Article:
Social media can be a hot bed of illegal activity. Scammers use it to share malicious links, to capture personal information and to entice victims into complex romance or investment schemes. The most effective tool for social media scammers, however, is posing as a trusted friend or family member.
Dating way before the coronavirus outbreak, scammers have hacked into people’s social media accounts so they can use apps like Facebook Messenger to target the true account owner’s community on social media. They may claim they just got their free government grant money, and others can too, if they just call a certain number or click on a link. (The government does not offer grants to individuals.)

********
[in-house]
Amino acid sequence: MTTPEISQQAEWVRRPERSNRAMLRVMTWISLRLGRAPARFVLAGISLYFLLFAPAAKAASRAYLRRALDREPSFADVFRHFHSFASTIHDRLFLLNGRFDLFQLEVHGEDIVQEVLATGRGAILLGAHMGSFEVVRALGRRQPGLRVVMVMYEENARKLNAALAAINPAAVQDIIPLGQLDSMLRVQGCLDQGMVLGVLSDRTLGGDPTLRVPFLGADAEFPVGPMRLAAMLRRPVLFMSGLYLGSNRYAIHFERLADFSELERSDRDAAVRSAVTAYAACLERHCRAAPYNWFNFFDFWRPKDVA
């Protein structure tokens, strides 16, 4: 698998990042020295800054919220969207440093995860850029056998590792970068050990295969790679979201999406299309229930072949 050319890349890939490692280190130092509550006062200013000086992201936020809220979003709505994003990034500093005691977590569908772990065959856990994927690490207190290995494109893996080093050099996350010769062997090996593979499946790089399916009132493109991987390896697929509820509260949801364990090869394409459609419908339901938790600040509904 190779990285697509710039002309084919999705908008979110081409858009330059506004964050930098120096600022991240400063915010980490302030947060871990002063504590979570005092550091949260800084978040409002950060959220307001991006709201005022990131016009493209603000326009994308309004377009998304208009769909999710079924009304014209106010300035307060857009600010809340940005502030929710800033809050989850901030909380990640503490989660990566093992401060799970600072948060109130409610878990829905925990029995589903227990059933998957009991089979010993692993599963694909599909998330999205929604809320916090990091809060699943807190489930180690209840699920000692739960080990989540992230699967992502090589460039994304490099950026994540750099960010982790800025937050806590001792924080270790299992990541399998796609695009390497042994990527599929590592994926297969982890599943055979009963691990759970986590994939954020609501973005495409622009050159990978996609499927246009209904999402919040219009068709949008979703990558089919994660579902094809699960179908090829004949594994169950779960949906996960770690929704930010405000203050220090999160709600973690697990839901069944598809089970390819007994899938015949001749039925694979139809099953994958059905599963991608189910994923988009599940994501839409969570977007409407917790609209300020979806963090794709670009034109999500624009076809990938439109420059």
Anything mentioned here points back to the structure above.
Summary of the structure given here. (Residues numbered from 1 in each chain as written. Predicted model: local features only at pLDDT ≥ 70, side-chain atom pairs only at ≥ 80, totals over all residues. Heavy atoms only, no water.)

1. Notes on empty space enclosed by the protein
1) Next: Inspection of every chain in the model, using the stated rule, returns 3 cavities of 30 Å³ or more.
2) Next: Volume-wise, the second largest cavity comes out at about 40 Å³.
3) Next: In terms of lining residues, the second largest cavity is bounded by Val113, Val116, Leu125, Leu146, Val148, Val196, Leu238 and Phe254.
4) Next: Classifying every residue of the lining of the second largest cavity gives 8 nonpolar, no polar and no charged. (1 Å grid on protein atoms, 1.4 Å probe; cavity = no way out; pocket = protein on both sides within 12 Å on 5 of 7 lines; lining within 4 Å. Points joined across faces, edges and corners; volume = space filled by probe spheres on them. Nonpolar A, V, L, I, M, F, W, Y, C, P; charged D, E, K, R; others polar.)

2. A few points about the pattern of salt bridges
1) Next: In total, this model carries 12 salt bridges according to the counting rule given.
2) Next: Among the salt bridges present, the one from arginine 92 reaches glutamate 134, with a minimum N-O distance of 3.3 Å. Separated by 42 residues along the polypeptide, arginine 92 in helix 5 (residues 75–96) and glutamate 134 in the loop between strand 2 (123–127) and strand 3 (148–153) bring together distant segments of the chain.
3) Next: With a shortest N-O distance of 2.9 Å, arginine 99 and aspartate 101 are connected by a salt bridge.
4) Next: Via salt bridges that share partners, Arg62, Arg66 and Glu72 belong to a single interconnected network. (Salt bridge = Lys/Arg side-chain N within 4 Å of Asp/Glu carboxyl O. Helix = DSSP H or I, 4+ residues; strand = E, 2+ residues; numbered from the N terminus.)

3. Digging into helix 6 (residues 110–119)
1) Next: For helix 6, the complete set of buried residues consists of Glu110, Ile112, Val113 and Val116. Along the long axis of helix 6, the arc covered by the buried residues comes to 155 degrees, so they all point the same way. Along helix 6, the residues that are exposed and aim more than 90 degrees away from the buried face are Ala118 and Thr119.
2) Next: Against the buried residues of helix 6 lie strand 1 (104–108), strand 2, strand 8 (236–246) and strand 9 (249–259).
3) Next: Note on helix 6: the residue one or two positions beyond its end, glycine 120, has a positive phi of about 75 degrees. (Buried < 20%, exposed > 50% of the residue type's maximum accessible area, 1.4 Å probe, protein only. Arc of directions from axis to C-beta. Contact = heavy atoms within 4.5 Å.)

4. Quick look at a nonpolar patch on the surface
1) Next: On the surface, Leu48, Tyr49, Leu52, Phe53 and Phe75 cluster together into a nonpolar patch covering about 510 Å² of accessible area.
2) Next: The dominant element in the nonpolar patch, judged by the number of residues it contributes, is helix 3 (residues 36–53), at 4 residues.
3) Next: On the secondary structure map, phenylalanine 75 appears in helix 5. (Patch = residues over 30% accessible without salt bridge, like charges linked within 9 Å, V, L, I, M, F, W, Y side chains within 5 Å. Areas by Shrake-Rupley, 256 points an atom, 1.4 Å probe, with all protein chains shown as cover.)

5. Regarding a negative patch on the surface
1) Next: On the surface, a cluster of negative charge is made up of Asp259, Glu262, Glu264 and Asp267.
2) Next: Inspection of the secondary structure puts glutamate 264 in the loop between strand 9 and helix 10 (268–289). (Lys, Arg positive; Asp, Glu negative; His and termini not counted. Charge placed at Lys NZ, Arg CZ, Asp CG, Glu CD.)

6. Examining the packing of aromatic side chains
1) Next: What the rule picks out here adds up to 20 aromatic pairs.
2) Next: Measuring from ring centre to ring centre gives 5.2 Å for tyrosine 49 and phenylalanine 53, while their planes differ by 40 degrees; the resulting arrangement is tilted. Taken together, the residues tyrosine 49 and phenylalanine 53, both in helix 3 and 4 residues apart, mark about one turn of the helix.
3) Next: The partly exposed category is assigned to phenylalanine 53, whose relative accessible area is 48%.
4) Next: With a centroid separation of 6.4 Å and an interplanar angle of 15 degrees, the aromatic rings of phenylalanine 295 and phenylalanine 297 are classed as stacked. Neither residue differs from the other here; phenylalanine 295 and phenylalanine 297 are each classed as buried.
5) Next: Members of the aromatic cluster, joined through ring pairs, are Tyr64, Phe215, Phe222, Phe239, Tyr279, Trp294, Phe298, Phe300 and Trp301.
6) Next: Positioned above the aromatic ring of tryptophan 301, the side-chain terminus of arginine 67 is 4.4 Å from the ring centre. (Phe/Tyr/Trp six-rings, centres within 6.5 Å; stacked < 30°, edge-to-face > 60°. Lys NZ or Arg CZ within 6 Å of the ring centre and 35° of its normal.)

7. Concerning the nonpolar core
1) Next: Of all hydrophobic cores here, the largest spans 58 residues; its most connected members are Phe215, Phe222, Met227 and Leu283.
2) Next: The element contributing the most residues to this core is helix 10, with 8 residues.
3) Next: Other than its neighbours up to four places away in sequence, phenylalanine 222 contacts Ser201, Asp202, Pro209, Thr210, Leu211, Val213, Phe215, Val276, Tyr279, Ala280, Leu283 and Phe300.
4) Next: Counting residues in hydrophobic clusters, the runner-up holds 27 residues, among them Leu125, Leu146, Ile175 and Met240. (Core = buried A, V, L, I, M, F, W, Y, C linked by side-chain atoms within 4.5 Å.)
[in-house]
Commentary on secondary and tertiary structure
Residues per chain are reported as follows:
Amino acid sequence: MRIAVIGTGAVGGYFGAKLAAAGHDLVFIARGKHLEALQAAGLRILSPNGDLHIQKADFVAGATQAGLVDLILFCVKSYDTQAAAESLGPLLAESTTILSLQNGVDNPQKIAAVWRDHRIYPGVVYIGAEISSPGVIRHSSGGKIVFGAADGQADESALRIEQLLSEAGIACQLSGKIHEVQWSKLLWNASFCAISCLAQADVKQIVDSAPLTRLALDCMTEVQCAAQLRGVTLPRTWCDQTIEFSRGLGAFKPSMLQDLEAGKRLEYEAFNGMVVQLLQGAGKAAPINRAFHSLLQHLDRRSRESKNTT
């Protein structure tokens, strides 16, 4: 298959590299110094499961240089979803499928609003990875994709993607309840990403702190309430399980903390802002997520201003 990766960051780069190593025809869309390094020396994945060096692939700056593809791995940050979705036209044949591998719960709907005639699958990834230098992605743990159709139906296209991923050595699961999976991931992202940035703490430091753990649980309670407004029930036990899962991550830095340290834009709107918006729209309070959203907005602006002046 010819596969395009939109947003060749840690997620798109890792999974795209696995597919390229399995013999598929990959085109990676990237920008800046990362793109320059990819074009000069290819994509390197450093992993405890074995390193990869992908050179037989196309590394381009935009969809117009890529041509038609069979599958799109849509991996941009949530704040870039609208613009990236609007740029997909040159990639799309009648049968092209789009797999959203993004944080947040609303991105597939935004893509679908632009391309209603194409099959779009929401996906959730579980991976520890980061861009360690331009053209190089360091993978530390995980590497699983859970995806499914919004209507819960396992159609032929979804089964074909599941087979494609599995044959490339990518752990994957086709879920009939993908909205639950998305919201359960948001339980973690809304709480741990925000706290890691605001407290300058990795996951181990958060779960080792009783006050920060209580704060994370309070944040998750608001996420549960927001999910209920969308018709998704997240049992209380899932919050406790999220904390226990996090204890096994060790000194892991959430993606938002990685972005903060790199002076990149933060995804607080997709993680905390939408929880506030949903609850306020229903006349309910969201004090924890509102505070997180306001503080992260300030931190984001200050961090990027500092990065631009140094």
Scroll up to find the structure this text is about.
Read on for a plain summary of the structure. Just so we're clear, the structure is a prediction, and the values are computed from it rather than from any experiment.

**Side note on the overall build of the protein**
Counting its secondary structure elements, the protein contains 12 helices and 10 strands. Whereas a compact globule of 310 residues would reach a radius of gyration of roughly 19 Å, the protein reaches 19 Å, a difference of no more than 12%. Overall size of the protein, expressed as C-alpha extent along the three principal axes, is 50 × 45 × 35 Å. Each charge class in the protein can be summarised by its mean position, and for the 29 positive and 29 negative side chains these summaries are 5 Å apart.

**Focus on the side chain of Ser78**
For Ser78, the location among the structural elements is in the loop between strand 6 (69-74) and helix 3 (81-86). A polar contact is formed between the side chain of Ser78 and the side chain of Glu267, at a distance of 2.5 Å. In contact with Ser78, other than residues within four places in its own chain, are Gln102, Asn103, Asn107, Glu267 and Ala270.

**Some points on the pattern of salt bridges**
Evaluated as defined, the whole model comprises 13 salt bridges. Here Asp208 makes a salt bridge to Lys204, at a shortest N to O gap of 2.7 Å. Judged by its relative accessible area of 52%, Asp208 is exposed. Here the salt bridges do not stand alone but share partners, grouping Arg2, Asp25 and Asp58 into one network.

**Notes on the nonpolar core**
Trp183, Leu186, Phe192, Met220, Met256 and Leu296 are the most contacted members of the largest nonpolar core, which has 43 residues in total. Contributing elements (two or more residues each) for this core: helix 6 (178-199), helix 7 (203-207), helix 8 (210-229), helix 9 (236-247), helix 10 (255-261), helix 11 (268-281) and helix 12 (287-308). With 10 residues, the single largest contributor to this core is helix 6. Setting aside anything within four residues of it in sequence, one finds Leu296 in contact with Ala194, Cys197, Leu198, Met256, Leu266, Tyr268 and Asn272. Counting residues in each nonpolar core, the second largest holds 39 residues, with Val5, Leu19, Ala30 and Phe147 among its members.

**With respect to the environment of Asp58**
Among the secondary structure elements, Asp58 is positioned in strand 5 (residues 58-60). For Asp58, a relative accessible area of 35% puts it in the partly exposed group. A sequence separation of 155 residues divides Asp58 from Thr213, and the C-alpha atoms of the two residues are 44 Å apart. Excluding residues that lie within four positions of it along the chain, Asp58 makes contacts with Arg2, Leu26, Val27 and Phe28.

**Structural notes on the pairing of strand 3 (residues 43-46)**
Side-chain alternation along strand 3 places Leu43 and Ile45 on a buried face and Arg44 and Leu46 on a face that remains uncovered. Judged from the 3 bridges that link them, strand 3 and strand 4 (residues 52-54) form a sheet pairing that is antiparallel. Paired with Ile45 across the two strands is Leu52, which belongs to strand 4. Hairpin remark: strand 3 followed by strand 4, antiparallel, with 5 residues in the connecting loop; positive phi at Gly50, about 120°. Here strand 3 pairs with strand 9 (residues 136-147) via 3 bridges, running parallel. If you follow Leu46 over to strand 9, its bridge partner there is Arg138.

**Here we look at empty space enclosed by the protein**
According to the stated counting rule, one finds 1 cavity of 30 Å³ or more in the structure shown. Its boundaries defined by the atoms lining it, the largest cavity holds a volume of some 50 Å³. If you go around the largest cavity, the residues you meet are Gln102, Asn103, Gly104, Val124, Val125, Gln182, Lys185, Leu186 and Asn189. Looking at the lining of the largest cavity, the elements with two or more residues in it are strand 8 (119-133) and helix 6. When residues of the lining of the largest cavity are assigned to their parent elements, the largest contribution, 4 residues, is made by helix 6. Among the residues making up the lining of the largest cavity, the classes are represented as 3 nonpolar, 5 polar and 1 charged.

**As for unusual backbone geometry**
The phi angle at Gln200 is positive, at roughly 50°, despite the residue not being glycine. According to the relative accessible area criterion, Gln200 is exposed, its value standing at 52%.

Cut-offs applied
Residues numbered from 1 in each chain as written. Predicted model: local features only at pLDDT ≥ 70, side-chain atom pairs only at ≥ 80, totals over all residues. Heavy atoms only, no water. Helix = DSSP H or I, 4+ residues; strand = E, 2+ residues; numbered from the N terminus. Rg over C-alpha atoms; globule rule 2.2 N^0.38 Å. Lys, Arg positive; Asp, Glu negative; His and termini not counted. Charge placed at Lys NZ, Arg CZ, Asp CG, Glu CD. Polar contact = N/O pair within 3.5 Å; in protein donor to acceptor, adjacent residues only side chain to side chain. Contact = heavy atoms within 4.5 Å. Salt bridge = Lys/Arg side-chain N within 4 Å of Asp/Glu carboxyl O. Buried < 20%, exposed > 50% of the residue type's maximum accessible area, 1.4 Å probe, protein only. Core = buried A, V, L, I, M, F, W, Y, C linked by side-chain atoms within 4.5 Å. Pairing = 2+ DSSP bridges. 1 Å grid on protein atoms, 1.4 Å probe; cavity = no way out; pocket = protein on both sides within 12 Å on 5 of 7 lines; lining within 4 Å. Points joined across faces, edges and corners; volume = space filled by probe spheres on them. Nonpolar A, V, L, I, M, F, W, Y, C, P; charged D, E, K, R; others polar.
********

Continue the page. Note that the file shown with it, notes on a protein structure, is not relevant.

If you get an odd-sounding message from someone in your Facebook contacts, reach out to that person in another way to determine if their account was hacked. If it was, tell them to change their password right away, and let others in your online community know.
Be a fraud fighter! If you can spot a scam, you can stop a scam.
Visit the AARP Fraud Watch Network at www.aarp.org/fraudwatchnetwork or call the AARP Fraud Watch Network Helpline at 1-877-908-3360 to report a scam or get help if you’ve fallen victim.